The problem becomes severe when errors in development are large, such as the effects of the Zika virus on brain development in the womb, or as a result of damage from a blow to the head or following a stroke. Yet, even in these examples, given the right conditions the brain can overcome adversity so that some function is recovered.
The brain’s anatomy ensures that certain areas of the brain have certain functions. This is something that is predetermined by your genes. For example, there is an area of the brain that is devoted to movement of the right arm. Damage to this part of the brain will impair movement of the right arm. But since a different part of the brain processes sensation from the arm, you can feel the arm but can’t move it. This “modular” arrangement means that a region of the brain unrelated to sensation or motor function is not able to take on a new role. In other words, neuroplasticity is not synonymous with the brain being infinitely malleable.
Part of the body’s ability to recover following damage to the brain can be explained by the damaged area of the brain getting better, but most is the result of neuroplasticity – forming new neural connections. In a study ofCaenorhabditis elegans, a type of nematode used as a model organism in research, it was found that losing the sense of touch enhanced the sense of smell. This suggests that losing one sense rewires others. It is well known that, in humans, losing one’s sight early in life can heighten other senses, especially hearing.
As in the developing infant, the key to developing new connections is environmental enrichment that relies on sensory (visual, auditory, tactile, smell) and motor stimuli. The more sensory and motor stimulation a person receives, the more likely they will be to recover from brain trauma. For example, some of the types of sensory stimulation used to treat stroke patients includes training in virtual environments, music therapy and mentally practising physical movements.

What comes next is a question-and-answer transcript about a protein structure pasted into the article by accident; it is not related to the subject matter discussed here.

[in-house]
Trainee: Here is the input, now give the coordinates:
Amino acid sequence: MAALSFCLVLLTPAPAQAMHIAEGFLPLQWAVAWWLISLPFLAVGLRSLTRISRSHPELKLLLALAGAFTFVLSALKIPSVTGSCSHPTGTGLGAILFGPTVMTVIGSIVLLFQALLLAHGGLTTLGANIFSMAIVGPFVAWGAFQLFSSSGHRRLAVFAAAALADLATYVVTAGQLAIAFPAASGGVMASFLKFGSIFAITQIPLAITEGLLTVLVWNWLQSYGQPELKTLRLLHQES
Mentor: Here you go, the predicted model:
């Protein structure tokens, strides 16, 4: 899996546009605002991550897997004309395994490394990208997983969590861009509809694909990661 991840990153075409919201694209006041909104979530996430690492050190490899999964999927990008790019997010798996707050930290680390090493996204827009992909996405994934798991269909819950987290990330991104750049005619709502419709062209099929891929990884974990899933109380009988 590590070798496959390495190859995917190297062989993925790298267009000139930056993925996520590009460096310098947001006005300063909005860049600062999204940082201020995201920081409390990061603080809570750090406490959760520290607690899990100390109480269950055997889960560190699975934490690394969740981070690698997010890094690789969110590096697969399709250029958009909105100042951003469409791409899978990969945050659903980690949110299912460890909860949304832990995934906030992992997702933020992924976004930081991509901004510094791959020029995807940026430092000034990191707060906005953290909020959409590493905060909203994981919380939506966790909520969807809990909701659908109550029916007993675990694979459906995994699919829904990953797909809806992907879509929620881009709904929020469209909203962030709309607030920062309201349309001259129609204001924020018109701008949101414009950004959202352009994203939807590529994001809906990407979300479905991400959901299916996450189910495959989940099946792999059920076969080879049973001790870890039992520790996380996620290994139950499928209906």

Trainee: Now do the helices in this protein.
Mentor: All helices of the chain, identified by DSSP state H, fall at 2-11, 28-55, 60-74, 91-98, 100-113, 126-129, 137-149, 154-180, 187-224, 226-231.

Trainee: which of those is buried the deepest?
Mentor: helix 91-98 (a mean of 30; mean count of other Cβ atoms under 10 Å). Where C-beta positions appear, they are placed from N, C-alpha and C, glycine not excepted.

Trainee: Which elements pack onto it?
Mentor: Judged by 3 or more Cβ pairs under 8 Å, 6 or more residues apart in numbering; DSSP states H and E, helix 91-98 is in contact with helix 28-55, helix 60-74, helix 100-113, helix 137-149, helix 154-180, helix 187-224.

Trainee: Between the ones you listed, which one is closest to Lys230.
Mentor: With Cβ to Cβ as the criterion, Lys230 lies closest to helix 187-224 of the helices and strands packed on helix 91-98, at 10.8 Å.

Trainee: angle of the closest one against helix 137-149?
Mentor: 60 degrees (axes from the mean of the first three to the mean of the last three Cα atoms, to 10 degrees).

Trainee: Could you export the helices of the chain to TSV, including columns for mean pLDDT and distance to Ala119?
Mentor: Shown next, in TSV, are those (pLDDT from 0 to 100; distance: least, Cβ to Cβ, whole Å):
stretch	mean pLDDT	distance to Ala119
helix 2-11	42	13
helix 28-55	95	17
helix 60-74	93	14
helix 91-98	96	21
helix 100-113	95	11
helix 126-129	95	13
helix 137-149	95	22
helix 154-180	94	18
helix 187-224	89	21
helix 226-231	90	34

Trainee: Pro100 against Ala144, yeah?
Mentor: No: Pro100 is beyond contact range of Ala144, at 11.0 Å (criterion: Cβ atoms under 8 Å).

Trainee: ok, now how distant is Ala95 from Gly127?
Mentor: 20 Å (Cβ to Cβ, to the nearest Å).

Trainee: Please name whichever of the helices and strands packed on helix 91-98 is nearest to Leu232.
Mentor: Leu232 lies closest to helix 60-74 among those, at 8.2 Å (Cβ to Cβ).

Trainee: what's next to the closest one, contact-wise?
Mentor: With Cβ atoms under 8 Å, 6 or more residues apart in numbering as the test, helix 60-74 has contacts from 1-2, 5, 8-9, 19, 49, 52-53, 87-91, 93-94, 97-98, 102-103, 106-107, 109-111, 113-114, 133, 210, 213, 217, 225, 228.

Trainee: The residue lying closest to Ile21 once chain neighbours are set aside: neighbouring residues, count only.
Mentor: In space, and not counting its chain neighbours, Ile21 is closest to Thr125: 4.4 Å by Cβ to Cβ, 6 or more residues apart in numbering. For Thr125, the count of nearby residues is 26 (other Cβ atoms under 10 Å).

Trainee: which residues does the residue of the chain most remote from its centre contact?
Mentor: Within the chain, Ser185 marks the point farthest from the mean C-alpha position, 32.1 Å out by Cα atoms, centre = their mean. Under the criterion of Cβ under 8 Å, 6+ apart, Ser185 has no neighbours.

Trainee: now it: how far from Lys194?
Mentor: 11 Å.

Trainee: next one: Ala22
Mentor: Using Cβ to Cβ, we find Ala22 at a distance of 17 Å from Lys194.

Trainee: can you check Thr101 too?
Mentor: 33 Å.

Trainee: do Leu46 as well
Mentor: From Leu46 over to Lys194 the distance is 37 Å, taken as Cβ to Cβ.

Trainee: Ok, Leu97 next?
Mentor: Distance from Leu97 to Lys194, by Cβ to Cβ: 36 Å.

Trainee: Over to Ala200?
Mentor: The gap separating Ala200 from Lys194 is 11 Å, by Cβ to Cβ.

The basic structure of the brain is established before birth by your genes. But its continued development relies heavily on a process called developmental plasticity, where developmental processes change neurons and synaptic connections. In the immature brain this includes making or losing synapses, the migration of neurons through the developing brain or by the rerouting and sprouting of neurons.
There are very few places in the mature brain where new neurons are formed. The exceptions are the dentate gyrus of the hippocampus (an area involved in memory and emotions) and the sub-ventricular zone of the lateral ventricle, where new neurons are generated and then migrate through to the olfactory bulb (an area involved in processing the sense of smell). Although the formation of new neurons in this way is not considered to be an example of neuroplasticity it might contribute to the way the brain recovers from damage. …
Visit Web Site —> What Is Brain Plasticity and Why Is It So Important? | SciTech Connect
[ARTICLE] The variety of methodology in Mirror Therapy practice for improving hand function after stroke. – Full Text PDF
Many studies have shown that a repeated exercises in the mirror visual feedback and motor imagery conditions may help to restore a lasted hand function in stroke patients. The evidence of effectiveness of mirror therapy is promising but the use of this method varies widely within studies. It has been postulated that there is a need to formulate basic rules of mirror therapy application with respect to different stages of stroke or severity of hand paresis. In this article the review of methodological variability of applying mirror therapy to patients after stroke has been presented. The review highlights the benefit effect of mirror therapy on motor recovery and activities of daily living after stroke.